Ebook: Practical Scent Dog Training

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Lue Button
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Alpine Publications
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This dog training book makes canine scent work fun for any dog. Training for tracking, trailing and air scent work, evidence search, disaster search and the AKC tracking dog tests is covered in-depth. Practical Scent Dog Training includes a method of starting tracking training that will get even young puppies turned on to ground scent. Starting with how to work with and read your dog, the author continues into describing how scent reacts in different situations.The training sections are broken down into separate lessons, each building on the previous one. At the end of each lesson, the author has included "Things to Think About" asking the reader questions of how the dog responded during the lessons, and adding informative comments in regards to those questions.The methods here incorporate the combined experience of members of a very successful search and rescue group.

Of all training activities, author Lue Button finds scent work the most satisfying, as it calls for the highest development of canine skill and fosters the closest relationship between dog and handler. Born in Fargo, North Dakota, Button trained animals on her grandparents' farm and went on to study anthropology, speech, and physics, earning her M.S. degree in Physics from the University of New Mexico in 1974. She has been employed by the Field Test Division at Los Alamos National Laboratory since 1968, retiring in January 1990. Upon her marriage to Donald Button in 1971, she became chief trainer for Von Knopf Weimaraners, studying tracking with Walter Bush and later Wentworth Brown in Albuquerque. After a pivotal search mission with her tracking dog in 1982, Lue Button extended her dogs' training into all forms of scent work. She has taught numerous courses in obedience and tracking, and is currently training director of the Los Alamos-based Mountain Canine Corps.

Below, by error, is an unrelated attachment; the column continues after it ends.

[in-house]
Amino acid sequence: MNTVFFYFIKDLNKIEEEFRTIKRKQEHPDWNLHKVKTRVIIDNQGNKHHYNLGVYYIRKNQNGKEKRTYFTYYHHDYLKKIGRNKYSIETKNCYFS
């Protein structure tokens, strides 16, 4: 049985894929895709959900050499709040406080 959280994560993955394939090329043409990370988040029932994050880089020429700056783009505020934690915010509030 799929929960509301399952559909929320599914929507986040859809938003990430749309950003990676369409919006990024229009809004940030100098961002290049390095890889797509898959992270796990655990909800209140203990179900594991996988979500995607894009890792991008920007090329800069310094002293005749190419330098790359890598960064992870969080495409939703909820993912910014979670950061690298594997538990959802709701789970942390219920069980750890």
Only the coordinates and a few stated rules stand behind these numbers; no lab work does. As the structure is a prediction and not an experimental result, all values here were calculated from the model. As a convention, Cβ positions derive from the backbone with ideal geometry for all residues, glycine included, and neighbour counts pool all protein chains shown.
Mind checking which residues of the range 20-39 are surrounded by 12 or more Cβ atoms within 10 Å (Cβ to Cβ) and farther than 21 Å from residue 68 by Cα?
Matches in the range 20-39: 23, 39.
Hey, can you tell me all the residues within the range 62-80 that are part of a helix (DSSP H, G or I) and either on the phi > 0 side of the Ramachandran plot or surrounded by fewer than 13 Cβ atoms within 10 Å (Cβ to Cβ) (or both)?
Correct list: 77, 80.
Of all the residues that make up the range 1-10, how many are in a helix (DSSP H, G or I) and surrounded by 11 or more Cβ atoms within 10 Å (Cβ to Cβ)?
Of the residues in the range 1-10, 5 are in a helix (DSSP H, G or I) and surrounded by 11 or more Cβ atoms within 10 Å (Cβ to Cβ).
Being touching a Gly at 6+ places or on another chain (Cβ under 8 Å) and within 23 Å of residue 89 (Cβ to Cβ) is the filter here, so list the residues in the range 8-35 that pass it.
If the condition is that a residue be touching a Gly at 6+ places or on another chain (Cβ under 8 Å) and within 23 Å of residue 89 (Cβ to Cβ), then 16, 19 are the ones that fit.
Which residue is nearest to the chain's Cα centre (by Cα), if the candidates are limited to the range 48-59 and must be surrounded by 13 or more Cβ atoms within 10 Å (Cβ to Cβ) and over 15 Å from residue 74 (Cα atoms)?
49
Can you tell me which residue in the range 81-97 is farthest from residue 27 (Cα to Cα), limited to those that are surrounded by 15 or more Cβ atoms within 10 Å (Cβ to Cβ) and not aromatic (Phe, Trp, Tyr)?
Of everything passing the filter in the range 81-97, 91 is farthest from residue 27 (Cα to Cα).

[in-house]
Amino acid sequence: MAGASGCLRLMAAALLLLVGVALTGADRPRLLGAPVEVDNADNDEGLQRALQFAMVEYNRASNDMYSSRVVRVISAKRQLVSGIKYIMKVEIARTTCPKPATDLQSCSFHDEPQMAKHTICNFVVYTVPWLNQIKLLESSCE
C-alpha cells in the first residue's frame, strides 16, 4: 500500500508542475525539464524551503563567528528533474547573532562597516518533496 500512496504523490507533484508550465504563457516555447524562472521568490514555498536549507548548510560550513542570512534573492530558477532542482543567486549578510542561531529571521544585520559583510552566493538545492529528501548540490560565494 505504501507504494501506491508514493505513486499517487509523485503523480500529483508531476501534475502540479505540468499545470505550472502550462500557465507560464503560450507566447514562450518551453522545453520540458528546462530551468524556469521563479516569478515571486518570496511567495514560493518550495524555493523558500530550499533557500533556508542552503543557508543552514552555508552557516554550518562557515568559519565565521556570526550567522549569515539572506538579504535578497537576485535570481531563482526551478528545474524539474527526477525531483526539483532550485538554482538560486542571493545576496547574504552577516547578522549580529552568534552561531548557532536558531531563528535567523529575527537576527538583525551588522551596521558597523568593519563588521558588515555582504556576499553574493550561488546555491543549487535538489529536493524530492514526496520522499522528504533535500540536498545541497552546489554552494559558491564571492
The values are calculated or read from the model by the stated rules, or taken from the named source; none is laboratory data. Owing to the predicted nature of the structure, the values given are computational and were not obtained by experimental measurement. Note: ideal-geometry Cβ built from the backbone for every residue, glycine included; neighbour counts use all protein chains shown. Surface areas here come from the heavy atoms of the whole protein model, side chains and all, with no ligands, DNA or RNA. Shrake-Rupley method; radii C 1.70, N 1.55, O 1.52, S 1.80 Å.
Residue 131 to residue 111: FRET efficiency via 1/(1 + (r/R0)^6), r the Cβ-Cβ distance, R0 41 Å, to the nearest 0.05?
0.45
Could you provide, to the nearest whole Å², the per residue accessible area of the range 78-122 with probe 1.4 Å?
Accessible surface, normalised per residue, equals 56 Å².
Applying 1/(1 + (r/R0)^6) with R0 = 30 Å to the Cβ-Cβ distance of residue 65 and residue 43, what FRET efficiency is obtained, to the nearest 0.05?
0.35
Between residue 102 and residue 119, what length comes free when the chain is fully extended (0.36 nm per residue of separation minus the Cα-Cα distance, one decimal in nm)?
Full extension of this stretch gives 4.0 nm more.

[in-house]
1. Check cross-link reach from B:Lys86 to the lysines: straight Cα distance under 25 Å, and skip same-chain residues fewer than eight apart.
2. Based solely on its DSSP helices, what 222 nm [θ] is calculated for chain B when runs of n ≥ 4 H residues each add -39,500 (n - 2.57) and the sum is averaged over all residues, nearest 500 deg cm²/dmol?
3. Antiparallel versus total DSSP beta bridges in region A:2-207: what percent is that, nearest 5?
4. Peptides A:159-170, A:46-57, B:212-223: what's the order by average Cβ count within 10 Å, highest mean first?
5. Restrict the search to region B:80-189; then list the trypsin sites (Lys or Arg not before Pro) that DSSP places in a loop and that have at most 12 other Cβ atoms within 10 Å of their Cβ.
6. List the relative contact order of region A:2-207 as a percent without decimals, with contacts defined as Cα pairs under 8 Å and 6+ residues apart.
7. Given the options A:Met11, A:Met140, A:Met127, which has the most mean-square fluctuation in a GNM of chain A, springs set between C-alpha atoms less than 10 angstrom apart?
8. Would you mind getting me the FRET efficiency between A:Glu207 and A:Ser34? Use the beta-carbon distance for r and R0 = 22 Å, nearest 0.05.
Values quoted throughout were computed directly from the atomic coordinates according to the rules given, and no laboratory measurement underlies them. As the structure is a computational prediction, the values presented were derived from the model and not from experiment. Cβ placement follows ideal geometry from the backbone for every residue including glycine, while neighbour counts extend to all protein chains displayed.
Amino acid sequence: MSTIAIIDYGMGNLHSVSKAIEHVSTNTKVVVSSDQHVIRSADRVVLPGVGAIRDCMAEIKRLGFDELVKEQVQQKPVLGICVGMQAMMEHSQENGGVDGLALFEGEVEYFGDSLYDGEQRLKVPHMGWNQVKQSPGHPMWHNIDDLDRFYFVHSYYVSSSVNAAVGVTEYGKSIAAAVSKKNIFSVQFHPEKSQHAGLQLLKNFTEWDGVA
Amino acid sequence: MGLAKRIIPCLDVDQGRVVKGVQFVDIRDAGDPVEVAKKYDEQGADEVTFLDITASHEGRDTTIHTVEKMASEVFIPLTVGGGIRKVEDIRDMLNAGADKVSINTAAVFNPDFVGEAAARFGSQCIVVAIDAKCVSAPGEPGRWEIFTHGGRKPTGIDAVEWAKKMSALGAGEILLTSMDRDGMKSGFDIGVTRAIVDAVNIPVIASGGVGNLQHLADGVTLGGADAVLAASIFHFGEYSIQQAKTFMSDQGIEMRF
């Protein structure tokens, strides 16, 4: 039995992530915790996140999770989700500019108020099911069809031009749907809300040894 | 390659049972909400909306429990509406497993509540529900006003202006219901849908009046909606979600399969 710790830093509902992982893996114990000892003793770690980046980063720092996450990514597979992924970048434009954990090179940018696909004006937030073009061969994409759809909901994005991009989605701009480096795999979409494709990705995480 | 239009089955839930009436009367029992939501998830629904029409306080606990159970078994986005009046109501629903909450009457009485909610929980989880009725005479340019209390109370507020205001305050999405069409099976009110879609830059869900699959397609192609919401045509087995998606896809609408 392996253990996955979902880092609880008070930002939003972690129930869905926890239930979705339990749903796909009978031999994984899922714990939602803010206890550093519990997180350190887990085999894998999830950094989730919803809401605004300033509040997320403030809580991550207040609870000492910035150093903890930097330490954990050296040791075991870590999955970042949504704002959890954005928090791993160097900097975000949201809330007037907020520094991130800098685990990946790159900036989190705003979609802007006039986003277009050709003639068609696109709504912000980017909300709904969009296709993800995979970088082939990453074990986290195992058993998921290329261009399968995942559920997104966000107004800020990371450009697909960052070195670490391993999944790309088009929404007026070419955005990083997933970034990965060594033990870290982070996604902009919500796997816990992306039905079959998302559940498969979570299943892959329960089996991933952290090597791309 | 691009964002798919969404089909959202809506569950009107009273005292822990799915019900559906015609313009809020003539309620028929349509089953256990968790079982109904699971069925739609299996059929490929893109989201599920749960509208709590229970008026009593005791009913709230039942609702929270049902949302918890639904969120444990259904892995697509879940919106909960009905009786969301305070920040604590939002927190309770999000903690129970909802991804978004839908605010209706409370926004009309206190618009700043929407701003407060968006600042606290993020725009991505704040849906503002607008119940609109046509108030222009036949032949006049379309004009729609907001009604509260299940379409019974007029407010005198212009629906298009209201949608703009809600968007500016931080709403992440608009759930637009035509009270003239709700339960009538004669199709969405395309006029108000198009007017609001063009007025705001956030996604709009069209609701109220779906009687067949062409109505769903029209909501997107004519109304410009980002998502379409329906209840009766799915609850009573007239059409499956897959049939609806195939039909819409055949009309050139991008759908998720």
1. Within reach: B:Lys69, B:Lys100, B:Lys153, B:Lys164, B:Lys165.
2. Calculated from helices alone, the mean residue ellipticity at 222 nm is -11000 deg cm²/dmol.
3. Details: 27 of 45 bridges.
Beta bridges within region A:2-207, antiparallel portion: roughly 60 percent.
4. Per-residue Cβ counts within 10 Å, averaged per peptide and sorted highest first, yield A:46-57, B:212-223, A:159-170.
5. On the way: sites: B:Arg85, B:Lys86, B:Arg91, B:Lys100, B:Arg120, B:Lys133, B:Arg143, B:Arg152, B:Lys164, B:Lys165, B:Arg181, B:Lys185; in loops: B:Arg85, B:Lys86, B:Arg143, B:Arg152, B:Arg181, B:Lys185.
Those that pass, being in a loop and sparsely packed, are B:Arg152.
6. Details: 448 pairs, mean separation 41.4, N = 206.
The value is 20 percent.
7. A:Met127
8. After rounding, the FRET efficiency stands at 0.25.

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    Practical Scent Dog Training

    Posted by Allyson Tohme on 7th Sep 2022

    Another book by an author who discusses the differences between tracking, trailing and air scenting and their value in different scenarios ie competition v reality (finding criminals/avalanche victims etc). There are detailed lesson plans, which lump tracking and trailing together; air scent lesson plans are separate. Lue does say that whatever your discipline, tracking lays a strong foundation for all the other scent skills There is an emphasis on recording your progress ie what you did, what happened and what needs additional practice (she gives an example of how this might be laid out). I particularly like the chapter on the effects of age; humidity and temperature; air flow, wind, terrain; (love the term lofting) and pools. Consideration is given to how to train the dog to indicate (article or person) ie via vocalisation, position or retrieve. The chapter on tracking and trailing includes equipment needed and how to lay a track and lesson plans cover: first track and first turn; multiple turns; partially concealed article; person at end of track; blind tracks; cross tracks; multiple tracklayers; scent pools and obstacles; discrimination proofing; drop trailing and each is followed by a section on things to think about. A chapter on air scenting covers victims or evasive subjects. The section on evidence searches may not be relevant to all sports but useful in domestic terms! It also focuses on how to train dogs to locate (and how to deal with) gases and dangerous items eg knives etc. There is a chapter on disaster searching and how to start; with specific lesson plans on agility. It also touches on bad footing and vehicle disasters. The final section of the book concentrates on training your dog for the AKC TD and TDex tests with 24 hour tracks, 12 hour tracks, scent and physical obstacles, mixed obstacles, cross tracks etc. Lue asserts that atropine, antispasmodics, anaesthetics, antihistamine and belladonna depress scenting ability and caffeine and amphetamines temporarily stimulate it. This book is for the real scent enthusiast who may have interests in areas other than that of Working Trials and/or want to extend their dog’s skills in different arenas (competitive or otherwise) if, for example, it has retired from competition or cannot compete for various reasons. The vast majority of the content is not focused purely on tracking. If you are a “nose work freak” this is the book for you!